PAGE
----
Module ASB-2202:
Finance

Module Facts

Run by Bangor Business School

20 Credits or 10 ECTS Credits

Semester 1 & 2

Organiser: Dr Danial Hemmings

Overall aims and purpose

NOTE: The 10-credit module ASB2203 Finance comprises the Semester 1 content of ASB-2202.

AIMS: To examine the concepts and principles underlying key financial decisions. To provide an introduction to corporate finance.

Course content

Present value and the opportunity cost of capital;

Net present value and alternative methods of investment appraisal;

Project analysis;

Financial planning, and analysing financial performance;

Investment risk and return, and portfolio theory;

The Capital Asset Pricing Model;

Short-term and long-term financing;

Capital structure, and market imperfections;

Weighted average cost of capital;

Dividend policy;

Financial and real options.

Assessment Criteria

threshold

Basic understanding of key concpets and analytical techniques.

good

Broad and sound understanding of key concepts and good analytical skills.

excellent

Creative understanding of concepts and analytical techniques.

Learning outcomes

  1. Understand the nature of risk and return in finance.

  2. Apply techniques for financial valuation and rules for capital investment.

  3. Analyse financial performance.

  4. Understand the portfolio concept in finance.

  5. Understand the nature and implications of alternative long-term financing decisions.

Assessment Methods

Type Name Description Weight
Semester 1 Online Test 12.5
Semester 1 exam 2hrs 37.5
Semester 2 assignment 12.5
Semester 2 exam 2hrs 37.5

Teaching and Learning Strategy

Hours
Private study

A minimum of 160 hours of private study is advised.

160
Lecture

One 2-hour lecture per week.

40

Transferable skills

  • Literacy - Proficiency in reading and writing through a variety of media
  • Numeracy - Proficiency in using numbers at appropriate levels of accuracy
  • Information retrieval - Able to access different and multiple sources of information
  • Argument - Able to put forward, debate and justify an opinion or a course of action, with an individual or in a wider group setting

Subject specific skills

  • knowledge of theories and empirical evidence concerning financial management, risk and the operation of capital markets (in cases of degrees with significant finance content).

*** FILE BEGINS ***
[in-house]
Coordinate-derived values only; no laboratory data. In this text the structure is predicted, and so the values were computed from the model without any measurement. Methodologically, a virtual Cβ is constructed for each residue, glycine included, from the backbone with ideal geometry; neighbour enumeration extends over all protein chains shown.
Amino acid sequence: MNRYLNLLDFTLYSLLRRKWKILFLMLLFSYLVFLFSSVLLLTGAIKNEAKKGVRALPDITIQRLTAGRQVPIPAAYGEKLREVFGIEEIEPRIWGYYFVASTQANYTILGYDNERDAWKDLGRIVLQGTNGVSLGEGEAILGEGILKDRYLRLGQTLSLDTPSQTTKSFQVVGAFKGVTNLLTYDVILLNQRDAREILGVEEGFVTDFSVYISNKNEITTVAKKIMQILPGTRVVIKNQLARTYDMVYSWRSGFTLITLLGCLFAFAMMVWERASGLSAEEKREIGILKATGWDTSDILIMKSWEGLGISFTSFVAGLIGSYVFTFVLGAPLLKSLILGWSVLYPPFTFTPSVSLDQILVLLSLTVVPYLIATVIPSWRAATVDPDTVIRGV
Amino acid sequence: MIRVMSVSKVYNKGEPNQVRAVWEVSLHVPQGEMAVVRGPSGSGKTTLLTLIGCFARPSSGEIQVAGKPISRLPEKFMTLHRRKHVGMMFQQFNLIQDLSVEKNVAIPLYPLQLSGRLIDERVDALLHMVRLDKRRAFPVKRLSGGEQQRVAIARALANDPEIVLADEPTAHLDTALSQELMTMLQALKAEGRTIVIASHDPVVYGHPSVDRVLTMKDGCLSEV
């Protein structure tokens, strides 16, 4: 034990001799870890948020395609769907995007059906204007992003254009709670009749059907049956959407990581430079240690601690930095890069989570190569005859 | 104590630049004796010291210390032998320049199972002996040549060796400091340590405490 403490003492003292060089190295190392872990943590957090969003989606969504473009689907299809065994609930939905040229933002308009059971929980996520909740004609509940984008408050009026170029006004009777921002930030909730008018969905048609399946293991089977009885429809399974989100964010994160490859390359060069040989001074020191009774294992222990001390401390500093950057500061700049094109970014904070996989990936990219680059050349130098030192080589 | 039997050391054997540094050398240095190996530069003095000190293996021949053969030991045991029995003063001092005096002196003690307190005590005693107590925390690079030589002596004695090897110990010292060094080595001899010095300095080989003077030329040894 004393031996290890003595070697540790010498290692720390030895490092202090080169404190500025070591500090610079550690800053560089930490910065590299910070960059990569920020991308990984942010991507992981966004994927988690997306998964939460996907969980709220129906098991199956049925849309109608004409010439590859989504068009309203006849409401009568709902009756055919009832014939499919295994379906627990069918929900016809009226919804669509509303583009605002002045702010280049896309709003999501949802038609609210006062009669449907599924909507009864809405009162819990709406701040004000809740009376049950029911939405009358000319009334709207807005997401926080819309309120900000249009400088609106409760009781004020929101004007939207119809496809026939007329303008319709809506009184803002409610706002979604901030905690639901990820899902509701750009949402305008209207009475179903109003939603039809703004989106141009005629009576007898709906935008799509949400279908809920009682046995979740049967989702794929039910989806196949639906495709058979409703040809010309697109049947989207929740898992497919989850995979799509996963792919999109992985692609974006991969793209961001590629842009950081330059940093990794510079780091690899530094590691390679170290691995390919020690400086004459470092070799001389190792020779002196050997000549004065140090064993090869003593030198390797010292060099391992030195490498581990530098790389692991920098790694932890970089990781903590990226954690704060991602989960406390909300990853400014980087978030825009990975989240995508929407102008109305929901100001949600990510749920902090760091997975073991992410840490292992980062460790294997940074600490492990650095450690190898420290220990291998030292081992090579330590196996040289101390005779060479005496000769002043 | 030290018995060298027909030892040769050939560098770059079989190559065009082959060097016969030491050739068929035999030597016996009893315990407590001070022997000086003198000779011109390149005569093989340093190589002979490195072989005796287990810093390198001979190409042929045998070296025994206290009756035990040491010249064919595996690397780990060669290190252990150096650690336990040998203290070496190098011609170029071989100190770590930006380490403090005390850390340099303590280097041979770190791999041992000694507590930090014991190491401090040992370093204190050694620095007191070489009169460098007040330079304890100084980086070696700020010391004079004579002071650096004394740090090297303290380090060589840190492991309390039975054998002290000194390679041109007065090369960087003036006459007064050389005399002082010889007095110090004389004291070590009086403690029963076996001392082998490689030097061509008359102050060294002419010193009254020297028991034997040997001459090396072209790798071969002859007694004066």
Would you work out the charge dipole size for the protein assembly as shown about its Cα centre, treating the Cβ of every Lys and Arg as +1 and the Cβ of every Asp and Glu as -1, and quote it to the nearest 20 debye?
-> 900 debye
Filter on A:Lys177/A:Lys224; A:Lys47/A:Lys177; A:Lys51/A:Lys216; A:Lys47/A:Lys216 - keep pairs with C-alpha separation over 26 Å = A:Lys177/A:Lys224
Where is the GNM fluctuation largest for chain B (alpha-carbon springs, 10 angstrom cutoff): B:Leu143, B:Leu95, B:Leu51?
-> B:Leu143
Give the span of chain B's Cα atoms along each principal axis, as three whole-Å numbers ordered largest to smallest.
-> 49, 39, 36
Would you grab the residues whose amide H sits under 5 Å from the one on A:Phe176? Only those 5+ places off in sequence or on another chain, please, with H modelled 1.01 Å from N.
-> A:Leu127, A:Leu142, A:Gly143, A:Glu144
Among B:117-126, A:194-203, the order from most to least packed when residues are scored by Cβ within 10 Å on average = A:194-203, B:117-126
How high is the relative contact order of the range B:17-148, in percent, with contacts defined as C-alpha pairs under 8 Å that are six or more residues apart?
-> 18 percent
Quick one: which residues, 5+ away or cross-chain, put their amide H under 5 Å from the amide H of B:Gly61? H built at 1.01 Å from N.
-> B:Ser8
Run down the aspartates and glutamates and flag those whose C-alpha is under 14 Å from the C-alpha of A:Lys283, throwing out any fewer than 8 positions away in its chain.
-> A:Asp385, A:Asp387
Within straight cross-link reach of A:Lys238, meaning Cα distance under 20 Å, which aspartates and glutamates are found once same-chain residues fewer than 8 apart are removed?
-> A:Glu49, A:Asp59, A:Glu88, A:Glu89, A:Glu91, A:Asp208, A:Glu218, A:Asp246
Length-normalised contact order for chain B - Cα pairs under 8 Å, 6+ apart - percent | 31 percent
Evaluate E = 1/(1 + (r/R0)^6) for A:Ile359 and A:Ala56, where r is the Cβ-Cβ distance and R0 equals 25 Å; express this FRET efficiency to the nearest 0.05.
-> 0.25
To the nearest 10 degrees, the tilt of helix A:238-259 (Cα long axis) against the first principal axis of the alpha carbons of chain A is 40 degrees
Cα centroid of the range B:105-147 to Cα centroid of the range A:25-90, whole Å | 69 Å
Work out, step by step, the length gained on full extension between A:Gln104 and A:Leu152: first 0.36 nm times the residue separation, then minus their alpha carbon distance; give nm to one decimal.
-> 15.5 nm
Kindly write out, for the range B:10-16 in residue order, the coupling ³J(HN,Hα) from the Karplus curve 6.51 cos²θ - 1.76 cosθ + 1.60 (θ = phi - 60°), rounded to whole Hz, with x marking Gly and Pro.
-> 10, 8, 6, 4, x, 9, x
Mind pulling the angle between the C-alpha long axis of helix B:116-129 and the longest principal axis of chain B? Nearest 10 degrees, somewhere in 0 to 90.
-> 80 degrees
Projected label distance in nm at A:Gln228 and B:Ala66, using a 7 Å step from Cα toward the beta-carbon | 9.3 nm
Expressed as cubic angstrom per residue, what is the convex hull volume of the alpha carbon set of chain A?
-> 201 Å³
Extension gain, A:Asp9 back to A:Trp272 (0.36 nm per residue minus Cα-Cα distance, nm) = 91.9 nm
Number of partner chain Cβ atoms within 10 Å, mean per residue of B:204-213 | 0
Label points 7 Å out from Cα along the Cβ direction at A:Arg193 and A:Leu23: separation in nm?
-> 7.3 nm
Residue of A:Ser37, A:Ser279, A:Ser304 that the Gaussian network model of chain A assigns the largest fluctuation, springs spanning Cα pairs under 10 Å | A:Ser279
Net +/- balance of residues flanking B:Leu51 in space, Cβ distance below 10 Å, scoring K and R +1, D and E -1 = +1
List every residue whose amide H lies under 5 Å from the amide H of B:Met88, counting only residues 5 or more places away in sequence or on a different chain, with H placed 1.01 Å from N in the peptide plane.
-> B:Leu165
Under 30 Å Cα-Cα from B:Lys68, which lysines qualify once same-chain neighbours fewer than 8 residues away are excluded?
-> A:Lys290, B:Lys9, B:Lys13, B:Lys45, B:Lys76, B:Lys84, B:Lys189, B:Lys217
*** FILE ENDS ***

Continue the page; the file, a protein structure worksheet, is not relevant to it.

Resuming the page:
• Analysis, deduction and induction. Economic reasoning is highly deductive, and logical analysis is applied to assumption-based models. However, inductive reasoning is also important. The development of such analytical skills enhances students' problem-solving and decision-making ability.
  • An appreciation of the nature of the contexts in which finance can be seen as operating, including knowledge of the institutional framework necessary for understanding the role, operation and function of markets and financial institutions (e.g. the economic, legal, regulatory and tax environment, both national and international; the firm; the capital markets and the public sector).
  • A knowledge of the major theoretical tools and theories of finance, and their relevance and application to theoretical and practical problems (e.g. concept of arbitrage and examples of its use; financial mathematics and capital budgeting criteria; informational efficiency; optimal risk sharing; portfolio theory; asset pricing models and the valuation of securities; cost of capital; derivative pricing; risk management; information asymmetry; principal agency relationships; signalling; Fisher separation and capital budgeting criteria; behavioural finance; term structure and the movement of interest rates; determination of exchange rates and financial intermediation).
  • An understanding of the financing arrangements and governance structures of business entities, and an appreciation of how theory and evidence can be combined to assess the effectiveness and efficiency of such arrangements (e.g. decisions as to sources of finance and financial structure; the pricing of corporate securities; the market for corporate control; corporate governance structures and mechanisms; financial planning and international dimensions of finance).
  • Numeracy: the use of quantitative skills to manipulate data, evaluate, estimate and model business problems, functions and phenomena.
  • Self-management: a readiness to accept responsibility and flexibility, to be resilient, self-starting and appropriately assertive, to plan, organise and manage time.

Resources

Pre- and Co-requisite Modules

Courses including this module

Compulsory in courses:

Optional in courses: